Sane and pragmatic liberalism: the Action Group in Bulawayo, 1955- 1965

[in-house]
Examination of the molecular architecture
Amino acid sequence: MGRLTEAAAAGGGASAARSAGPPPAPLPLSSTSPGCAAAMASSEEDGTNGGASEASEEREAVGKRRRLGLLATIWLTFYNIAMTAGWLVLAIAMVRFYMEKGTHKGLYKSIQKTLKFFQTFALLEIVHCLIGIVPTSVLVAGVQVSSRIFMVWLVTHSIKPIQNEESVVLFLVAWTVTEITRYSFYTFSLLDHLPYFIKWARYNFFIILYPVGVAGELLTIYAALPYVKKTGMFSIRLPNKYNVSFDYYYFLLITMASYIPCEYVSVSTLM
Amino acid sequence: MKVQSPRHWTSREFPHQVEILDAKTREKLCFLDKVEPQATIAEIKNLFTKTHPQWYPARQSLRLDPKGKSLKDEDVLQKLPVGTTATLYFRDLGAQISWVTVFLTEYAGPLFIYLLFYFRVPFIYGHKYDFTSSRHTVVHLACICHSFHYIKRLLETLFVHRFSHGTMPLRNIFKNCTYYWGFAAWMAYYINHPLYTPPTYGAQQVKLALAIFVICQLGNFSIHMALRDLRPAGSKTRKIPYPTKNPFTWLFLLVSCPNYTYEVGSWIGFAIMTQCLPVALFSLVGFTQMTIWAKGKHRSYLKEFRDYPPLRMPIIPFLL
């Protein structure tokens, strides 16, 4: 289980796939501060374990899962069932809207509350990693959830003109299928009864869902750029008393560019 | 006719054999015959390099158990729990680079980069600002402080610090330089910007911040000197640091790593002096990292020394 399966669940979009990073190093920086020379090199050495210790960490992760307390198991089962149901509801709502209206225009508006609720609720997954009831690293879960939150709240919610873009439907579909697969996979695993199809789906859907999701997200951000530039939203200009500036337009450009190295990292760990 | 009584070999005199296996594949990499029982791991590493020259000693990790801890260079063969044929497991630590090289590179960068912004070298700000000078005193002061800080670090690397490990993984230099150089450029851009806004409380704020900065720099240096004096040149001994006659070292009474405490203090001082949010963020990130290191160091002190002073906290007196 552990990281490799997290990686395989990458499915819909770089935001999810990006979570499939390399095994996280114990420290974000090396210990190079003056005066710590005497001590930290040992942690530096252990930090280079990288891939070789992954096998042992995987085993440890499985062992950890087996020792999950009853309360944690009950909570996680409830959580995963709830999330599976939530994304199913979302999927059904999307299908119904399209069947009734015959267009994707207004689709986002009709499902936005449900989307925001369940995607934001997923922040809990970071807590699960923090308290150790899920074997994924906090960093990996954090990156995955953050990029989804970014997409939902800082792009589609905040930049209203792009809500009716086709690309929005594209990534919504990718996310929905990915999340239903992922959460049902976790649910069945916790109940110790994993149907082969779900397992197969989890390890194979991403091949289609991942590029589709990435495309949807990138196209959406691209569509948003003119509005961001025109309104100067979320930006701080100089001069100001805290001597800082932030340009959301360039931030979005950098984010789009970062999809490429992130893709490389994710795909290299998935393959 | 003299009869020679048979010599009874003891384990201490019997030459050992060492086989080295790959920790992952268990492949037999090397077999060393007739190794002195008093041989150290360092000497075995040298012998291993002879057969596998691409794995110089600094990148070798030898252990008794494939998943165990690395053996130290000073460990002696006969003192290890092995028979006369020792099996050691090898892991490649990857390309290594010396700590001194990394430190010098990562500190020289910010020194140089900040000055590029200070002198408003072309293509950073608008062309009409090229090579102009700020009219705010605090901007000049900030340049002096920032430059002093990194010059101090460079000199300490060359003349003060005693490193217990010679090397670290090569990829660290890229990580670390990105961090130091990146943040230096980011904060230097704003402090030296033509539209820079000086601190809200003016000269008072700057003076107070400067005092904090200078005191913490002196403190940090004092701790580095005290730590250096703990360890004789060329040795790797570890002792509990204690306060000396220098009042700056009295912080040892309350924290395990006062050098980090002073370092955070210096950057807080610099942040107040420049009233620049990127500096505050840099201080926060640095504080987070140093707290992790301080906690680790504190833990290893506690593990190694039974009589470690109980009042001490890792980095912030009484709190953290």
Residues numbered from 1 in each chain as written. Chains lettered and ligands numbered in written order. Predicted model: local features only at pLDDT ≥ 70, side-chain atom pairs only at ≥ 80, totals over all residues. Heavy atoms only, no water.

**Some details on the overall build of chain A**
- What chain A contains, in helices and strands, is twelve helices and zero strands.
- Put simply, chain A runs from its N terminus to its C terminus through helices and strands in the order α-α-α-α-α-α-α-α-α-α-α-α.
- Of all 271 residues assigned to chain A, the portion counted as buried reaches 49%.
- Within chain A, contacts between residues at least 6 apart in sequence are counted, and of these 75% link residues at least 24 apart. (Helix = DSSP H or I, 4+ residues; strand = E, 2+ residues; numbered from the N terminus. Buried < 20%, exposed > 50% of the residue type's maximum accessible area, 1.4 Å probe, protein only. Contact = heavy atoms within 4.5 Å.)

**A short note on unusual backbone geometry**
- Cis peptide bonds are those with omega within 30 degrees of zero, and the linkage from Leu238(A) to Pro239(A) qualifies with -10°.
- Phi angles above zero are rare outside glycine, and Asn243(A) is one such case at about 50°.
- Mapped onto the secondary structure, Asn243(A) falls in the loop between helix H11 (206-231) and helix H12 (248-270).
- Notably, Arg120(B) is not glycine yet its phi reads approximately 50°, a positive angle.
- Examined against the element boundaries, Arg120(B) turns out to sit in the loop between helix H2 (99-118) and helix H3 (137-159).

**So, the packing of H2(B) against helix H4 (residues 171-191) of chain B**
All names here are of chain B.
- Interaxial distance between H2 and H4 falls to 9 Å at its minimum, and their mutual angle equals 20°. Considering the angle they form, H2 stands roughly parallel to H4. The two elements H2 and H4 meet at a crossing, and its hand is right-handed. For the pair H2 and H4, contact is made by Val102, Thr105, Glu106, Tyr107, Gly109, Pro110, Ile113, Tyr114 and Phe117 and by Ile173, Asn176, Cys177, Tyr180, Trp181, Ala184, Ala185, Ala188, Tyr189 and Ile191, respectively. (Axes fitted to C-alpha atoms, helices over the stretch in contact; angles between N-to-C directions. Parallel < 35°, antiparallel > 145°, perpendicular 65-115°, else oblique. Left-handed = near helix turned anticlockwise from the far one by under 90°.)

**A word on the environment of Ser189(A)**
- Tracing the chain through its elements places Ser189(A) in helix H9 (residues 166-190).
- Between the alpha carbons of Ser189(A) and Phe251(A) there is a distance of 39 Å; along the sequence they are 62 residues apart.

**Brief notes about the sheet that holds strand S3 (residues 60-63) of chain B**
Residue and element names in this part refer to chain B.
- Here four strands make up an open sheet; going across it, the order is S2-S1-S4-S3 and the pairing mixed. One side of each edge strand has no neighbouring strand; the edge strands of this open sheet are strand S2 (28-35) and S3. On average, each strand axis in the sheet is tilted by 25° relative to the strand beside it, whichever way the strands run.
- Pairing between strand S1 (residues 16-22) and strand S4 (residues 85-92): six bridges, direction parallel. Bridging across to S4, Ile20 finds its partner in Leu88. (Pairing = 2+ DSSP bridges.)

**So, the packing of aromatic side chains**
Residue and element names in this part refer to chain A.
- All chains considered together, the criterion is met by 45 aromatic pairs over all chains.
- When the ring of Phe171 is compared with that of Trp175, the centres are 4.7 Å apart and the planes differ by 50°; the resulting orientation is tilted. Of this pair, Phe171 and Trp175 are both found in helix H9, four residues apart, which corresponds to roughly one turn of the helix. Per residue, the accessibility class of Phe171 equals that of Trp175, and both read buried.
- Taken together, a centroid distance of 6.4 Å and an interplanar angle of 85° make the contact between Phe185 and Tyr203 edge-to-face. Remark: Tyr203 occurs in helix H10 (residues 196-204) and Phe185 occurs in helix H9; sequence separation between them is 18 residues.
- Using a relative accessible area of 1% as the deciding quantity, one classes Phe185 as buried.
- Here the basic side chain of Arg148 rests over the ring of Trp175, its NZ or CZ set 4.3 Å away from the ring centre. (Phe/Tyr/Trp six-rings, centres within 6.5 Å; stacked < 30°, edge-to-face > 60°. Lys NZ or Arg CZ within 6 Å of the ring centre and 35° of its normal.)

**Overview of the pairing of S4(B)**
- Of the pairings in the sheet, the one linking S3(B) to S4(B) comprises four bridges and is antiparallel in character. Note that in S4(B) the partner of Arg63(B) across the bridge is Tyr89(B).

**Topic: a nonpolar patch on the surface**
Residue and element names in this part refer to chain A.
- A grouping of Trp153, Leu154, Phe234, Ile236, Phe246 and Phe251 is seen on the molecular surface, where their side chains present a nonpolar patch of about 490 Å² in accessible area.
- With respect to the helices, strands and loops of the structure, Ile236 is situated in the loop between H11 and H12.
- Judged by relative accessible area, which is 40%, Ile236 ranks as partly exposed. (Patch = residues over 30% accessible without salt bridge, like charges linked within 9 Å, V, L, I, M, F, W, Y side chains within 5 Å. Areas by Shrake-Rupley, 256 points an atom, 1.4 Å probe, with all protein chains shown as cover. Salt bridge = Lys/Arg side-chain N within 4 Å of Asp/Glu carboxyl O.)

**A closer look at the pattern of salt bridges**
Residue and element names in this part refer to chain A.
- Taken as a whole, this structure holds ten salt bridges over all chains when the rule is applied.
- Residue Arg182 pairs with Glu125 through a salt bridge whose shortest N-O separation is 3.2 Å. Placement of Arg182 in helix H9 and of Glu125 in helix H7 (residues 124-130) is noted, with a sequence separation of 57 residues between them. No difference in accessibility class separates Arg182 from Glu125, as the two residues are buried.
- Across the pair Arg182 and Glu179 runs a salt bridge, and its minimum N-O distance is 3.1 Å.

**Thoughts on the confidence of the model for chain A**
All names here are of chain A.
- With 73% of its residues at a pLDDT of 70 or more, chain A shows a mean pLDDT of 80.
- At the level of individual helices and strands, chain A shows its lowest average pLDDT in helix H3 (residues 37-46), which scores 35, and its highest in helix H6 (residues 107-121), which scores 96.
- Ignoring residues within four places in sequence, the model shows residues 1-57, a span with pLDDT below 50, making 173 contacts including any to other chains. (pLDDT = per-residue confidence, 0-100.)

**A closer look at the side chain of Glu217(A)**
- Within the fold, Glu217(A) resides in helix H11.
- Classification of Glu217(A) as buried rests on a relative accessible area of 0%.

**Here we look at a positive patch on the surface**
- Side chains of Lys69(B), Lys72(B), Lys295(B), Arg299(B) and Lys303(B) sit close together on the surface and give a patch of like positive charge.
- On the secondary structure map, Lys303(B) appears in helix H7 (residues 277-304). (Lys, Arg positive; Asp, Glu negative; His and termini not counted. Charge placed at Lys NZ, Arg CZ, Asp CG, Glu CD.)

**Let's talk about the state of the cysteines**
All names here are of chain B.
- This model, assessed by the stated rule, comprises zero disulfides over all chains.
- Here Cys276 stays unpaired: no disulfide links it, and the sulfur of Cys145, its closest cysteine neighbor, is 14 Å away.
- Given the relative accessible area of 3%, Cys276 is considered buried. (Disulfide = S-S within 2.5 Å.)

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On 1 august 1972 six Europeans met in a private house in Bulawayo and resolved to disband their society, hand over the assets of Rh$197 to charity and deposit the surviving records in the National Archives. In this way the Action Group, formed thirty years before, was quietly dissolved, its disappearance hardly noticed by the majority of the nominal membership. A fall in interest had been apparent for about eight years and the Group had only lingered on because a few members had hoped for revival of those headier days when they held regular and vigorous discussions and exercised a degree of political influence. This was the period, from the mid-1940s to the late 1950s, when the Group virtually controlled the Matabeleland branches of the federal and territorial governing parties, when ministers made special trips to Bulawayo to attend Group meetings, and government proposals were presented to the Group in order to have them tested in well informed and intellectually rigorous discussion. Most of the members were then in their thirties and forties, their careers were in business or the professions, they were deeply attached to Bulawayo, critical and perhaps envious of Salisbury, and confident that their own brand of sane and pragmatic liberalism represented the best hope for economic development and political stability. By the early 1960s, however, as the membership was getting older the Group was becoming irrelevant. Already divided and weakened by a split within the territorial governing party in 1958, the Group was powerless to prevent the collapse of the Federation which it had so ardently supported or the advent of extremist politics which it so little understood. All attempts to find a new role failed and it was sentiment alone, a quality not so evident in the younger active days, which kept the Group going until a handful of members called a halt in 1972.